0726 GMT February 21, 2020
Our planet is in a tight spot. We're not hitting the targets we know we need to hit, and we're breaking all the wrong kinds of records. What's it going to take for us to get out of this mess?
Researchers have long known the answers, at least on a purely scientific front: We need to phase out our reliance on fossil fuels to eliminate the excessive production of heat-trapping chemicals building up in our atmosphere.
But how do we do that? What would it look like? This part of the puzzle is not so well explored: The social dynamics and shifts that would need to take place for society to shake off its dangerous inertia and actually realize our goals of a safe, stable climate.
We now have some new leads on this. In a new study, an international team of scientists and climate change experts investigated what these 'tipping mechanisms' could be, identifying six elements they say could spark societal change towards climate stabilization and planetary sustainability.
"From the energy sector to financial markets to our cities — we were able to pin down social tipping elements and identify concrete interventions that might activate contagious processes of rapidly spreading technologies, behavioral patterns, and social norms," said sociologist and economist Ilona M. Otto from the Potsdam Institute for Climate Impact Research (PIK) in Germany.
In a multi-faceted study that drew upon workshopping, surveying, and an assessment of scientific and academic literature, the researchers examined the elements most likely to help society limit global warming by transitioning to a carbon-neutral state by 2050.
While the researchers acknowledge the tipping mechanisms they've identified are not any kind of complete list, they nonetheless could serve as a roadmap to achieve "rapid socio-economic transformation pathways and explore narratives for a decarbonized future in 2050," Otto said.
According to the research, the social tipping interventions that could help us do this would be:
1. Removing fossil-fuel subsidies and incentivizing decentralized energy generation
2 Building carbon-neutral cities
3. Divesting from assets linked to fossil fuels
4. Revealing the moral implications of fossil fuels;
5. Strengthening climate education and engagement; and
6. Disclosing information on greenhouse gas emissions.
Of course, many of these mechanisms are already in process and evident in society to some degree, but whether any have yet reached a tipping point leading to a rapid societal transformation is debatable.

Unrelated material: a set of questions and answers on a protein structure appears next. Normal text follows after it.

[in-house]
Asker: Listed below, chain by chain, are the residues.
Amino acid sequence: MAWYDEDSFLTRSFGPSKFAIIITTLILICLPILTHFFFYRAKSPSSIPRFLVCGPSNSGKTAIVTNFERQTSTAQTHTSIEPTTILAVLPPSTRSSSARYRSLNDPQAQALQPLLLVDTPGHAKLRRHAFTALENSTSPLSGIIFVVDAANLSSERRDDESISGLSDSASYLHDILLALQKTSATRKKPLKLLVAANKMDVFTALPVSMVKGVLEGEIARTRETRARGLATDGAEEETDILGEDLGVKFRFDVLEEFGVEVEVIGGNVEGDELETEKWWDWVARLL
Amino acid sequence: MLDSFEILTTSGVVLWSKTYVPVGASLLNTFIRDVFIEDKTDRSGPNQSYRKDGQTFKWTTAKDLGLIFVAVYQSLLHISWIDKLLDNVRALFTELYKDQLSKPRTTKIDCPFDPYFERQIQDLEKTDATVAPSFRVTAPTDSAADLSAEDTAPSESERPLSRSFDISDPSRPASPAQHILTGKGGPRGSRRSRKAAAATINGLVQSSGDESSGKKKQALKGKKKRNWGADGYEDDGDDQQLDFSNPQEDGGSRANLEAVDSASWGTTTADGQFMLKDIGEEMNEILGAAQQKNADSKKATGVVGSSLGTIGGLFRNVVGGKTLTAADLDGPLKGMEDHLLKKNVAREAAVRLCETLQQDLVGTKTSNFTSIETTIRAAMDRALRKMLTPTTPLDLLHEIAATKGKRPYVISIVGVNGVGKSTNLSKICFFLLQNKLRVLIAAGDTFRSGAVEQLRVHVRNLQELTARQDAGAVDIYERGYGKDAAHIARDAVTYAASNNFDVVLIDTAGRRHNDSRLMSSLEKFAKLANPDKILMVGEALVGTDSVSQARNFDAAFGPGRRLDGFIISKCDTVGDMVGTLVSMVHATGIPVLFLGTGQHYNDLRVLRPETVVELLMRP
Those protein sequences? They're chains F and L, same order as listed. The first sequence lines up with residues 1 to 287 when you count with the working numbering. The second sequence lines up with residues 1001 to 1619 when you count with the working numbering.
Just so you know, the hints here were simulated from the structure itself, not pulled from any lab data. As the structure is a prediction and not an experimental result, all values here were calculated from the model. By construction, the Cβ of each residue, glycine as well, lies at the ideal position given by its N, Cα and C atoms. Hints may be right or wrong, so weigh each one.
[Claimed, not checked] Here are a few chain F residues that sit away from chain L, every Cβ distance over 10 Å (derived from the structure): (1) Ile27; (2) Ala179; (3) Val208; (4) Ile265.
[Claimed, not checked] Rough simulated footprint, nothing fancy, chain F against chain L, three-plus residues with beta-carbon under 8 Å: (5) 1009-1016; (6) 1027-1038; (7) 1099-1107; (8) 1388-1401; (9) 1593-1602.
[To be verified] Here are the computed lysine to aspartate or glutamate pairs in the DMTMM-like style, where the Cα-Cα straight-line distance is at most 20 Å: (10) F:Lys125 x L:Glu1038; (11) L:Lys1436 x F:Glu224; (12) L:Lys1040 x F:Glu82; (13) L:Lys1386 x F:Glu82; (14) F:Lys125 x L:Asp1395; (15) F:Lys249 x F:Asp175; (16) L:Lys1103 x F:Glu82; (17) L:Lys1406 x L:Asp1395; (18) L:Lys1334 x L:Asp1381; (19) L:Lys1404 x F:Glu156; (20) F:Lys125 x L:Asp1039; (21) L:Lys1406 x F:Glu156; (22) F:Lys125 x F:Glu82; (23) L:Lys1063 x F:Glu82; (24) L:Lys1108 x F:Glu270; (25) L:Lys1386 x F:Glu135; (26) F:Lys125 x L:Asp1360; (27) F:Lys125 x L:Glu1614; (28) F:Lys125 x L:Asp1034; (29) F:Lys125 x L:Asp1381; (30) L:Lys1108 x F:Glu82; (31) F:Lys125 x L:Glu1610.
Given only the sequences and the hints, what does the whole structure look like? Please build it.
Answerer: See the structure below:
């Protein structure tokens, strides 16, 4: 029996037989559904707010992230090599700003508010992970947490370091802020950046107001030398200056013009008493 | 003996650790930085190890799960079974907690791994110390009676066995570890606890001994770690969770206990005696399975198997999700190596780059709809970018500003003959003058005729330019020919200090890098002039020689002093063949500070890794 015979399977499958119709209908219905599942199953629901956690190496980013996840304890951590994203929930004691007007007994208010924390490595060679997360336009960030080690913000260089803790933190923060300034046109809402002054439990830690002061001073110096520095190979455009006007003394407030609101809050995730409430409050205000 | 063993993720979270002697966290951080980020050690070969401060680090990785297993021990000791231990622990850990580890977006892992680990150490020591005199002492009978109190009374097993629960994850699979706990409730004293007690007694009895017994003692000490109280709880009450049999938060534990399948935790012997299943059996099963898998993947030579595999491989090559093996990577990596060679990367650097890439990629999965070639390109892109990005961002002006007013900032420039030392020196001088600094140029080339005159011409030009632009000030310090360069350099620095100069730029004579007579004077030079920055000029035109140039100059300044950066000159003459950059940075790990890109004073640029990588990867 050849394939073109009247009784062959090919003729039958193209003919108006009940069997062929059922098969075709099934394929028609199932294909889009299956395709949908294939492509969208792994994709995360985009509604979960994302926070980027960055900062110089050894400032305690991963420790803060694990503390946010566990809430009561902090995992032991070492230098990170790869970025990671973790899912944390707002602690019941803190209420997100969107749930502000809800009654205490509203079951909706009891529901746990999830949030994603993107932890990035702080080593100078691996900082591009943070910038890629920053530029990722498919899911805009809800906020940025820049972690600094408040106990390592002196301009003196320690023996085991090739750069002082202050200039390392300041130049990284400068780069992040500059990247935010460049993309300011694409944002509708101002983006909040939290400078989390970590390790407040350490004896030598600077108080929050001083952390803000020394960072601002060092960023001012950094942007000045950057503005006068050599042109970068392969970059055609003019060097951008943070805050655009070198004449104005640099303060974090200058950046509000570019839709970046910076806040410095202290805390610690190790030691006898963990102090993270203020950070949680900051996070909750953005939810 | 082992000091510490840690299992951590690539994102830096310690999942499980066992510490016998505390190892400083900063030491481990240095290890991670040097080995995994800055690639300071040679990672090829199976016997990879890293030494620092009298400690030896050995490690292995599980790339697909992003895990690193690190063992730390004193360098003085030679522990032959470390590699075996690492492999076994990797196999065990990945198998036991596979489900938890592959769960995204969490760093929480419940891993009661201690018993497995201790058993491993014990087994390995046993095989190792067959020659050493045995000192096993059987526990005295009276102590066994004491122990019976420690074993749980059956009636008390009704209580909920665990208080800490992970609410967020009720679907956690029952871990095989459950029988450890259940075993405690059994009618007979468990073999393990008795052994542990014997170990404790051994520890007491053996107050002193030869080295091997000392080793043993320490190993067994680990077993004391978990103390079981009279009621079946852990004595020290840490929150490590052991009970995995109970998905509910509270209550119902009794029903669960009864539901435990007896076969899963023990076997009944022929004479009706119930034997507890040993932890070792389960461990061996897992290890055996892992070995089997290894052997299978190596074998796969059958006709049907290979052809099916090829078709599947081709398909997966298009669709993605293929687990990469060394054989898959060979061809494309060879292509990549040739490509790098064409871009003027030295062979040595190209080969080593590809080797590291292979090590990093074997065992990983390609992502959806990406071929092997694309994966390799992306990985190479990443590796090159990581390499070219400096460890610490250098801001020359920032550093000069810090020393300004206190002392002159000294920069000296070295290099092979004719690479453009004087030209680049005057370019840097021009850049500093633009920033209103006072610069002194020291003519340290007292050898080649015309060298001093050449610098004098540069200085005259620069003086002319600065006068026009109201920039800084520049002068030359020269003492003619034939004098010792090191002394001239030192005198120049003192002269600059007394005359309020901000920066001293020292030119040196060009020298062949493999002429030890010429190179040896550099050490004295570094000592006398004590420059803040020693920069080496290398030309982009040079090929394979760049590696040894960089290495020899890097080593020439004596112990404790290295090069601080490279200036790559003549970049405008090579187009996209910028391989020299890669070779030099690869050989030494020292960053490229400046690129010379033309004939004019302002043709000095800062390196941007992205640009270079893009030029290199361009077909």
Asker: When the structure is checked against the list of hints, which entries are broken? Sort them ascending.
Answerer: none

Nonetheless, the researchers see positive signs, highlighting the phenomenon of school students conducting climate strikes.
"The movement is causing 'irritations' in personal world views and thus might be changing peoples' norms and values and the ways of thinking and acting, possibly leading to changes in policies and regulations, infrastructure development, as well as individual consumption and lifestyle decisions," the authors write in their paper.
The value of such realizations and changes, however, needs to be tied to broader shifts in society, business, and governance, to reduce friction hindering adoption of carbon-neutral lifestyles.
"Awareness of global warming is high but social norms to fundamentally shift behavior are not," said PIK's director, Johan Rockström.
"This is a mismatch that science alone cannot fix. For individuals to live a carbon-free lifestyle must be made easy… but on the longer term a new social equilibrium is needed in which climate protection is recognized as a social norm, otherwise shocks on the financial markets or economic crises could destroy progress in decarburization."
For us to succeed, the researchers say we need "contagious dynamics" that spread exponentially and simultaneously within society, politics, and the economy.
It's a lot to hope for, the world the way it is, but it's something that needs to happen, the researchers say.
After all, there are other kinds of tipping points already being triggered around the planet, and they are not the kind we want to see.
The findings are reported in PNAS.
* Peter Dockrill is an award-winning science & technology journalist and deputy editor of ScienceAlert from which the above article has been taken.